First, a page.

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post-title 4 steps for putting an employee disciplinary plan into action

4 steps for putting an employee disciplinary plan into action

4 steps for putting an employee disciplinary plan into action

KellieBoysenIn а perfect world, there would be no need to learn how to discipline employees correctly because everyone would always do their job with total ease. Let’s face it, life doesn’t work that way.

Despite everyone’s best efforts, sooner or later, а supervisor will be faced with а situation where an employee commits acts of misconduct. Creating and publishing policies and procedures for employee disciplinary action ensures that everyone knows what counts as misconduct and what happens when it is committed.

Here are some steps to follow when creating and using disciplinary plans:

1. Determine what counts as misconduct

Create a list of offenses that automatically result in immediate suspension or even termination, including harassing others, behaving violently in the workplace, drinking or drug use during work hours, threatening or bullying co-workers, misrepresenting themselves, stealing or violating safety regulations.

Such dangerous violations warrant immediate action. For less serious problems, such as missed deadlines, managers may provide an informal verbal warning to guide employees, followed by written reprimands. Managers could also create a Performance Improvement Plan.

Company policy dictates how many chances an employee gets to respond to both verbal and written feedback to modify their behavior and on-the-job performance.

2. Issue а written warning

Using а template like the ones on the Microsoft Office Templates website, managers (according to their HR plan) should list the employee’s name, the date and time of the incident and а description of the incident that violates company policies and procedures. If the incident represents а repeat offense, the manager may take more serious action than if the problem has occurred for the first time.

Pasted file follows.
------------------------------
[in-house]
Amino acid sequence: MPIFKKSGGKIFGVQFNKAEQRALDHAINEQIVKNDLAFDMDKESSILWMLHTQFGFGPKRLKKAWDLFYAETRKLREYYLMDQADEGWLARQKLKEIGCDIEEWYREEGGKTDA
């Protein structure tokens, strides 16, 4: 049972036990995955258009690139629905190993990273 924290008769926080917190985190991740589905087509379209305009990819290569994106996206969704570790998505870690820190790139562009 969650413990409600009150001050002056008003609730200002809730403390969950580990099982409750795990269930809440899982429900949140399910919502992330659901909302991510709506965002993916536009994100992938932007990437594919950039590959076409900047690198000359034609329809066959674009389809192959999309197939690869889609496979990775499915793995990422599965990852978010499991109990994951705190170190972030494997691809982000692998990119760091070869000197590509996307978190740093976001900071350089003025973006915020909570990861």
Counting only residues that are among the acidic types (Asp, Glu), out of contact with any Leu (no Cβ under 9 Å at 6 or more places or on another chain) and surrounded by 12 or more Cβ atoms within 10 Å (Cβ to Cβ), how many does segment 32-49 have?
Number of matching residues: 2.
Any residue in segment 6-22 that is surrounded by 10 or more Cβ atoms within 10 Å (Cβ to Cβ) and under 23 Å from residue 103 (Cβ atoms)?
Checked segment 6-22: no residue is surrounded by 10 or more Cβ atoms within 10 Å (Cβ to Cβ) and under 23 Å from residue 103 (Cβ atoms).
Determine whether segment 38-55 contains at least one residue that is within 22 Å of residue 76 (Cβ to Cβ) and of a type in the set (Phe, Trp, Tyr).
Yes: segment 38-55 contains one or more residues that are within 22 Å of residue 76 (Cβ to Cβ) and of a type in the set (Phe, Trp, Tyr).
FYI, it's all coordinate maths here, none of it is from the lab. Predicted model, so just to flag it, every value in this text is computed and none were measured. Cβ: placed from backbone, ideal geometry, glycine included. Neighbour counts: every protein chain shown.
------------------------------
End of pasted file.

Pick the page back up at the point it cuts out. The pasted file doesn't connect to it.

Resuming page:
Depending on the severity of the problem, the manager may decide to reduce the employee’s pay, reduce the employee’s working hours or even fire the person. Additional sections may list specific actions, such as workshops, seminars or self-paced training material that the employee must complete before returning to work.

Employees should have the opportunity to dispute the warning. Both the employee and manager should sign the form.

3. Respond to substandard behavior

Minor breaches of the terms and conditions associated with employment may require the manager to develop warning procedures. These could include absenteeism, lateness, unacceptable attire or personal hygiene.

Managers should meet with the employee to come up with а strategy and time frame for addressing the offending behavior.

4. Document the communication

To avoid making а difficult situation worse, managers must document all communication with the employee and express а genuine interest in making the employee successful.

In the event that the decision is to terminate or layoff less productive employees, the documentation protects the company from legal action or other damage the employee might cause in retaliation for actions that may seem unfair.

Planning and coordination enables managers to create employee disciplinary procedures and carry out necessary actions. Establishing clear policies and procedures ensures that managers deal with all employees consistently.

By starting out with а verbal warning and by giving written warnings and documenting all communication, managers help employees understand the rules of conduct. Additionally, а clear code of ethics makes for а safe, productive workplace full of successful employees.

About Kellie Boysen – Owner, Alternative HR:

Kellie Boysen is a certified Professional in Human Resources (PHR) with more than a decade of HR experience. She owns Alternative HR, a local human resource consulting and outsourcing organization that is dedicated to providing small business owners with an affordable alternative to hiring a full-time HR professional.

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